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Mol Biol Evol. 2017 Sep 1;34(9):2271-2284. doi: 10.1093/molbev/msx163.

Sexual Dimorphism and Retinal Mosaic Diversification following the Evolution of a Violet Receptor in Butterflies.

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Department of Ecology and Evolutionary Biology, University of California, Irvine, CA.
Department of Ecology and Evolutionary Biology, Princeton University, Princeton, NJ.
Sackler Institute for Comparative Genomics, American Museum of Natural History, New York, NY.
School of Biological Sciences, Bangor University Brambell Laboratories, Bangor Gwynedd, UK.
Museo de Zoología, Departamento de Biología Evolutiva, Facultad de Ciencias, Universidad Nacional Autónoma de México, México, D.F., México.
The Lewis-Sigler Institute for Integrative Genomics, Princeton University, Princeton, NJ.


Numerous animal lineages have expanded and diversified the opsin-based photoreceptors in their eyes underlying color vision behavior. However, the selective pressures giving rise to new photoreceptors and their spectral tuning remain mostly obscure. Previously, we identified a violet receptor (UV2) that is the result of a UV opsin gene duplication specific to Heliconius butterflies. At the same time the violet receptor evolved, Heliconius evolved UV-yellow coloration on their wings, due to the pigment 3-hydroxykynurenine (3-OHK) and the nanostructure architecture of the scale cells. In order to better understand the selective pressures giving rise to the violet receptor, we characterized opsin expression patterns using immunostaining (14 species) and RNA-Seq (18 species), and reconstructed evolutionary histories of visual traits in five major lineages within Heliconius and one species from the genus Eueides. Opsin expression patterns are hyperdiverse within Heliconius. We identified six unique retinal mosaics and three distinct forms of sexual dimorphism based on ommatidial types within the genus Heliconius. Additionally, phylogenetic analysis revealed independent losses of opsin expression, pseudogenization events, and relaxation of selection on UVRh2 in one lineage. Despite this diversity, the newly evolved violet receptor is retained across most species and sexes surveyed. Discriminability modeling of behaviorally preferred 3-OHK yellow wing coloration suggests that the violet receptor may facilitate Heliconius color vision in the context of conspecific recognition. Our observations give insights into the selective pressures underlying the origins of new visual receptors.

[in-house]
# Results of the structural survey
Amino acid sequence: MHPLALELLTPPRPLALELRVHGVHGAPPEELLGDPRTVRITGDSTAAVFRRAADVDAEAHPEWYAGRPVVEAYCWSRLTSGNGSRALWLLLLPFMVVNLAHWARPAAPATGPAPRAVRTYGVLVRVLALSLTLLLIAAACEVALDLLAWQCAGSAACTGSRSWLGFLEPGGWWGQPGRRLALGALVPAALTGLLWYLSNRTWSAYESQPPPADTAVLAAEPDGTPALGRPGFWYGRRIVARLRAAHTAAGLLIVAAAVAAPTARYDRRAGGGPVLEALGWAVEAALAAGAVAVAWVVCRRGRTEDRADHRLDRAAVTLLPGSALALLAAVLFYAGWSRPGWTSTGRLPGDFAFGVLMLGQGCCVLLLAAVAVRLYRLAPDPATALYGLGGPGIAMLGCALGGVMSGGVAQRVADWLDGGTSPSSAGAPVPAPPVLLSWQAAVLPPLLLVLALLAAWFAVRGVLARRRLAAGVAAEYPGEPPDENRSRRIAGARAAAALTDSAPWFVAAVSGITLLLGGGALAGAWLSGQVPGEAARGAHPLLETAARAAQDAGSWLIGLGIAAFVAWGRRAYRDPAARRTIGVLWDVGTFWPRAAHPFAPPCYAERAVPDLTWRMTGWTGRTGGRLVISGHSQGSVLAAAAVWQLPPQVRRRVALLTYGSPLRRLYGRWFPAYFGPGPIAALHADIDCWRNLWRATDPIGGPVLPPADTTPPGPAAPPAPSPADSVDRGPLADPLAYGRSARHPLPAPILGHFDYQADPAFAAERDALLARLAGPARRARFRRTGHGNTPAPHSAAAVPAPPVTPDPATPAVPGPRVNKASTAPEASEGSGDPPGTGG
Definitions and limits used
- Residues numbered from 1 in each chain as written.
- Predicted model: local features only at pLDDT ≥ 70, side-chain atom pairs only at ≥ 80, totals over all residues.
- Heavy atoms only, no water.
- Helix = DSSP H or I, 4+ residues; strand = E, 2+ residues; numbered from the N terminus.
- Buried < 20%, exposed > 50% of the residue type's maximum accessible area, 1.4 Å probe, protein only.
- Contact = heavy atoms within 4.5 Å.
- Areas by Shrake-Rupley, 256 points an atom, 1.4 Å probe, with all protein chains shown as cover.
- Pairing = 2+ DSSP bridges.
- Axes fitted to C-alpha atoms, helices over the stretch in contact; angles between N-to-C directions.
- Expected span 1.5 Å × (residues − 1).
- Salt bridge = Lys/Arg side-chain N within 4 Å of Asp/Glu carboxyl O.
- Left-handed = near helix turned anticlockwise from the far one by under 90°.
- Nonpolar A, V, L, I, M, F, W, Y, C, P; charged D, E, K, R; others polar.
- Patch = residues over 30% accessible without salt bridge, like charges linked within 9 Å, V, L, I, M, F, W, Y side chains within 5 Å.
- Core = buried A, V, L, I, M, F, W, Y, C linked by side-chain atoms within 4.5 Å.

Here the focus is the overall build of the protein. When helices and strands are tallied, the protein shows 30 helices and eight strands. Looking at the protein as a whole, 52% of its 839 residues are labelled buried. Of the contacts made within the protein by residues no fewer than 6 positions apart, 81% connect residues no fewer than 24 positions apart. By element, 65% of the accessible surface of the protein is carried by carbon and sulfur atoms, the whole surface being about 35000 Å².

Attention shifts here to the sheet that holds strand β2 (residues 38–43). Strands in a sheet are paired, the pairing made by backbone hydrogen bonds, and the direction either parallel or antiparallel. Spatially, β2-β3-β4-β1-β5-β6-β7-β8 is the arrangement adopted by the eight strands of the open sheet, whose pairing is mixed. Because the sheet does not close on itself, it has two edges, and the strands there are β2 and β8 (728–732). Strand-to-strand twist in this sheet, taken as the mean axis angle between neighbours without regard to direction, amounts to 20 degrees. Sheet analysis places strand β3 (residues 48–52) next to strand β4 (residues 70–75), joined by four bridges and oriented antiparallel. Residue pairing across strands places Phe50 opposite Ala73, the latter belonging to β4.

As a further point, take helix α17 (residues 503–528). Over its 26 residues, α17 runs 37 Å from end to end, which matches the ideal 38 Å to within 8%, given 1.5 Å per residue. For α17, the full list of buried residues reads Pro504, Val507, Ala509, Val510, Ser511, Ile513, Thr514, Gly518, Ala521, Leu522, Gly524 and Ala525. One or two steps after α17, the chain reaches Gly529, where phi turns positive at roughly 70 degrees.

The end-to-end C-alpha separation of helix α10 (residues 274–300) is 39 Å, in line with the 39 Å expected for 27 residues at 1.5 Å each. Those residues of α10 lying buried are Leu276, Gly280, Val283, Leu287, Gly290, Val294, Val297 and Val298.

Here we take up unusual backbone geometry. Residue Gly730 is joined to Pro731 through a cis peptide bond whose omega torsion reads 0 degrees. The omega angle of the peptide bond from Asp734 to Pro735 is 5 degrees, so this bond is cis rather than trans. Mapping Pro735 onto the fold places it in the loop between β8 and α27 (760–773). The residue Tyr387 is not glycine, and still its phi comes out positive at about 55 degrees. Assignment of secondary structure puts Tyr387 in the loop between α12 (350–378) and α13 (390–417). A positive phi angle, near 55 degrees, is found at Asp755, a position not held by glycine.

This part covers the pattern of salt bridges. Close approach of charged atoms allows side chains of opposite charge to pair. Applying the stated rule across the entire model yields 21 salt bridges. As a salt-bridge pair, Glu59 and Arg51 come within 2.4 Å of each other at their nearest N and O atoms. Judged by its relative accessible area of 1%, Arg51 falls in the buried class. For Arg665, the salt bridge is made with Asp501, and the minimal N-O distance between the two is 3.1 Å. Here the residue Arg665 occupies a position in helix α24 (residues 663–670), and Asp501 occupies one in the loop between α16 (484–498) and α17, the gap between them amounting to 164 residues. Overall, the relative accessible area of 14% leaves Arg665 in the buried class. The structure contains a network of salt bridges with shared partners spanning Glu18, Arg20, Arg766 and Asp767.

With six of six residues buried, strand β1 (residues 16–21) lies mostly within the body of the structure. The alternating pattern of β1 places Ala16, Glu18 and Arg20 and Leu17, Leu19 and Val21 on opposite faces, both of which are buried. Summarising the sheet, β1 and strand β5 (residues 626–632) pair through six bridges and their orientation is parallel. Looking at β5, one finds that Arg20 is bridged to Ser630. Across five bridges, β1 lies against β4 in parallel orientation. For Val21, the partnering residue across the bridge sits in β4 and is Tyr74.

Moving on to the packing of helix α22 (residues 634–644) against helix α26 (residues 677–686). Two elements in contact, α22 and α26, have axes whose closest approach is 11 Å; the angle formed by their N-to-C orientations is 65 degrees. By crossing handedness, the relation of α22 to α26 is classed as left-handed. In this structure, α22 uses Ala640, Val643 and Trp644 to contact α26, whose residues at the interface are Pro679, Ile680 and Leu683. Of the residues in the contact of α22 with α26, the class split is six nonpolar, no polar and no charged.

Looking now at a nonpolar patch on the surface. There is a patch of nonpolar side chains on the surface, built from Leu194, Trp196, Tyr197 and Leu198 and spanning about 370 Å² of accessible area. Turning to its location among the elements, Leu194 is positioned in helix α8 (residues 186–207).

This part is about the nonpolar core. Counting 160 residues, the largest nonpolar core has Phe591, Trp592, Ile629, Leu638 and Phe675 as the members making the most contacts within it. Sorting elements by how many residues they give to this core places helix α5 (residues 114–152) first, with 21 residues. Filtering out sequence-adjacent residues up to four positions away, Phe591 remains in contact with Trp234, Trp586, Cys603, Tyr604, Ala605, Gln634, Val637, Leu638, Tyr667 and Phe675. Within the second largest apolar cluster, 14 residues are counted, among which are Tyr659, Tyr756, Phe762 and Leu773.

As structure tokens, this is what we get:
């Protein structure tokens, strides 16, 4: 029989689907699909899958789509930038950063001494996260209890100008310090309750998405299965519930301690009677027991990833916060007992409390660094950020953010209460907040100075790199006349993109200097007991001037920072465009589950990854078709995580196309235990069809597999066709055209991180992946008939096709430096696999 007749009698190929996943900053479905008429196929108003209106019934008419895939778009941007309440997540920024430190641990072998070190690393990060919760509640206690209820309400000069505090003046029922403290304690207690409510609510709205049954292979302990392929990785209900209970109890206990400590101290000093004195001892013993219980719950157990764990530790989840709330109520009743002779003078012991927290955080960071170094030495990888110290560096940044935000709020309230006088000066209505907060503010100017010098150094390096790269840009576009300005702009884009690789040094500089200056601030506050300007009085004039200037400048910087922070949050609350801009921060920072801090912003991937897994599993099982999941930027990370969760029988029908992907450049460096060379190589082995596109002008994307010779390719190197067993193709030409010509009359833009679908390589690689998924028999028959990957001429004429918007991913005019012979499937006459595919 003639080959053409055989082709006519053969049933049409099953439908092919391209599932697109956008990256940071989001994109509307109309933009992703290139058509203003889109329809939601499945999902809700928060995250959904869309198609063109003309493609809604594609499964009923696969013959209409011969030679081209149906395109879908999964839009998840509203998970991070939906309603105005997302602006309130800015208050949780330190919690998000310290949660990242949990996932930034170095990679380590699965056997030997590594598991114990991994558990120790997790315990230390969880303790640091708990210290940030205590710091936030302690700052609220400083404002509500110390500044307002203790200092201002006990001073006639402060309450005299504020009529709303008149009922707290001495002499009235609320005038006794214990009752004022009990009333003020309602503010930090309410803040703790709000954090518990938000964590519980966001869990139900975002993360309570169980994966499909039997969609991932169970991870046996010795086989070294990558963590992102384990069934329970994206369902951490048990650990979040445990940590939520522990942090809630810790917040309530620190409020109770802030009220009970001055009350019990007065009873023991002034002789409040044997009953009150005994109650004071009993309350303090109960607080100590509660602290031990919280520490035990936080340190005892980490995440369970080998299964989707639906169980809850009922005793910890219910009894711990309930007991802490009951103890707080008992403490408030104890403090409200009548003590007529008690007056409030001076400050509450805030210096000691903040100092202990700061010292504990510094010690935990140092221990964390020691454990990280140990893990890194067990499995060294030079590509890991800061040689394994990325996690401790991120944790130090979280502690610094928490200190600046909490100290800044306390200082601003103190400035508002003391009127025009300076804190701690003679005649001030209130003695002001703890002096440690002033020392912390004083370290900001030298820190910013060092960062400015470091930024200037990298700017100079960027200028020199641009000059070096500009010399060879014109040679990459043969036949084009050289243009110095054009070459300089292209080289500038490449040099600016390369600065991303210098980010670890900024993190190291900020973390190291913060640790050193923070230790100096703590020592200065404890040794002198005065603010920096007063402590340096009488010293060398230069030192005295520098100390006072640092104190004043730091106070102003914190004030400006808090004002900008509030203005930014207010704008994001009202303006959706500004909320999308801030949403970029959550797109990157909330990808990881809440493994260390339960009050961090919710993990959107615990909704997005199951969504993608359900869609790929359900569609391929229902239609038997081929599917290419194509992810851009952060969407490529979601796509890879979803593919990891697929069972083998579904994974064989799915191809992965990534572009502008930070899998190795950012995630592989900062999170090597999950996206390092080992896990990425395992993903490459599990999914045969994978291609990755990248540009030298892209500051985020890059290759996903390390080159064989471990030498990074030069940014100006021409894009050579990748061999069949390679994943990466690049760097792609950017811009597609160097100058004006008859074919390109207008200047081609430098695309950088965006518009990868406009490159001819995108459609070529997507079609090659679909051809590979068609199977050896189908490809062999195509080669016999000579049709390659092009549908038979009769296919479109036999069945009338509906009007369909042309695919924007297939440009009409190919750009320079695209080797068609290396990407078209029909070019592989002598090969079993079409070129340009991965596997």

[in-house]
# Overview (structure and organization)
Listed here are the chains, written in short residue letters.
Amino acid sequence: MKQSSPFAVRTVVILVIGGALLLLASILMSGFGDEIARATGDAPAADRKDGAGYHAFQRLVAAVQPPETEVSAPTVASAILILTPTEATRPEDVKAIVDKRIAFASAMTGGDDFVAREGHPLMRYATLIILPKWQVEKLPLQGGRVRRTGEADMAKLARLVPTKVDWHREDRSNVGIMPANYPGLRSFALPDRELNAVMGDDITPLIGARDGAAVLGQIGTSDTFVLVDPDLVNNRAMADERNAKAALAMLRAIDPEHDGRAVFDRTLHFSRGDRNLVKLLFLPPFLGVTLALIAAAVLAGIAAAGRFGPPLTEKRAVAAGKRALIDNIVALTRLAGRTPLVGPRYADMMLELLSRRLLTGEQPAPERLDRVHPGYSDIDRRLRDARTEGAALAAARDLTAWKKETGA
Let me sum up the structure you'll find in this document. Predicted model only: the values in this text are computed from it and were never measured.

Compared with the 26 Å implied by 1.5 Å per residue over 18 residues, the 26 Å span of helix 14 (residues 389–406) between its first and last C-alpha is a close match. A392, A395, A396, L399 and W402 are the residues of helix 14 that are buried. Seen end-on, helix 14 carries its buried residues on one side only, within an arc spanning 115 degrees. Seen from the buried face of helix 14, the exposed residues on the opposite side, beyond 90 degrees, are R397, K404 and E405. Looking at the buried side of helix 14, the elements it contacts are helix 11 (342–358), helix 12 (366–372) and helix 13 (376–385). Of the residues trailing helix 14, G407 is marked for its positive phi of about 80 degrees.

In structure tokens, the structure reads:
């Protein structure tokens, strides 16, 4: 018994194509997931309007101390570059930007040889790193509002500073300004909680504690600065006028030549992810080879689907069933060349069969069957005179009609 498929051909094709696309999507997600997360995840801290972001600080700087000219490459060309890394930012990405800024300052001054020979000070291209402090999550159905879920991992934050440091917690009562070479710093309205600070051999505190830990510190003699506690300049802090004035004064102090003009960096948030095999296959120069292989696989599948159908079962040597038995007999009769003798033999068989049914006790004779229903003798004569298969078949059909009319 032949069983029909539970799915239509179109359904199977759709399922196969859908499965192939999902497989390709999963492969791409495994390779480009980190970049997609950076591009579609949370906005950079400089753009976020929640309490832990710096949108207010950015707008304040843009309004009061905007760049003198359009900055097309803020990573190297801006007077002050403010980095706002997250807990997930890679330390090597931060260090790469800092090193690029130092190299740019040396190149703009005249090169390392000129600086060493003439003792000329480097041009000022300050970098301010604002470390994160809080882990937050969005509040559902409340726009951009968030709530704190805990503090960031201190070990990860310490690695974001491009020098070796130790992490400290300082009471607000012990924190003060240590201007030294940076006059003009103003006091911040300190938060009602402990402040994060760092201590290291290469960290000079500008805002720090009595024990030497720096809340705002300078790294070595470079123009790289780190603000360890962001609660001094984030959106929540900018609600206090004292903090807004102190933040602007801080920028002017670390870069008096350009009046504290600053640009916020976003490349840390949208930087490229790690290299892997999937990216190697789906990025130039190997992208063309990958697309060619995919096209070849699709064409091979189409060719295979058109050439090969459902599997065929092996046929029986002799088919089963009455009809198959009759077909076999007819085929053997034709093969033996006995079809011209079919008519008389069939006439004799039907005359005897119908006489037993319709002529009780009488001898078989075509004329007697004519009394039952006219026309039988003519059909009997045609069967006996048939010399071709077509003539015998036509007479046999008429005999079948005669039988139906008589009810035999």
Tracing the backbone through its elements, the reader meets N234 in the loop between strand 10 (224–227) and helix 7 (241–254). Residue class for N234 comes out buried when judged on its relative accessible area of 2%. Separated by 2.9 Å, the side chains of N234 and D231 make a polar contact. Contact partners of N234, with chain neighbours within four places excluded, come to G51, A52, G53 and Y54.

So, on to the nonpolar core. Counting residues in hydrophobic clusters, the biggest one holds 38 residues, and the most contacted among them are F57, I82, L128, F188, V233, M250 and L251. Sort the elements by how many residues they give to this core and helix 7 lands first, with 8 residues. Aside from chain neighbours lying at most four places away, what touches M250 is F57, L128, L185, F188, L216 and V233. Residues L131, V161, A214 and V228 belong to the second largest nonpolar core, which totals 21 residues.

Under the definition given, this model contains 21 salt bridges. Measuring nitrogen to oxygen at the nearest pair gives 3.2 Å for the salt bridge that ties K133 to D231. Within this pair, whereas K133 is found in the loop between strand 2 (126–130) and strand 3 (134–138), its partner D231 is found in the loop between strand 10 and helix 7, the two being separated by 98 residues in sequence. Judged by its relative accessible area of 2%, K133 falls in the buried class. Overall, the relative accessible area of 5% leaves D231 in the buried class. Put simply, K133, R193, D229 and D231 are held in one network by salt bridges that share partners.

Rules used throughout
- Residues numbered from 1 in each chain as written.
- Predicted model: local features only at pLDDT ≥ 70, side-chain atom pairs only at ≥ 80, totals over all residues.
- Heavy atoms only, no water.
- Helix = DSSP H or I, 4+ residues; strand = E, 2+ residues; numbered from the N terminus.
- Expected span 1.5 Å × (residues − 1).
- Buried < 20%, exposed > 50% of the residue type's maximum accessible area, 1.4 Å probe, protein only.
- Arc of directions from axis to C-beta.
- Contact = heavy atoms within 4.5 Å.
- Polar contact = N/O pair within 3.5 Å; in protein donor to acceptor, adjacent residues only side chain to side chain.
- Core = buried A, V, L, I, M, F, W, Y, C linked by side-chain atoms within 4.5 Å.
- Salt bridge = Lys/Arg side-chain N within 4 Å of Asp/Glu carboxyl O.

butterflies; color vision; gene duplication; photoreceptor cells; pseudogenes; short-wavelength opsin

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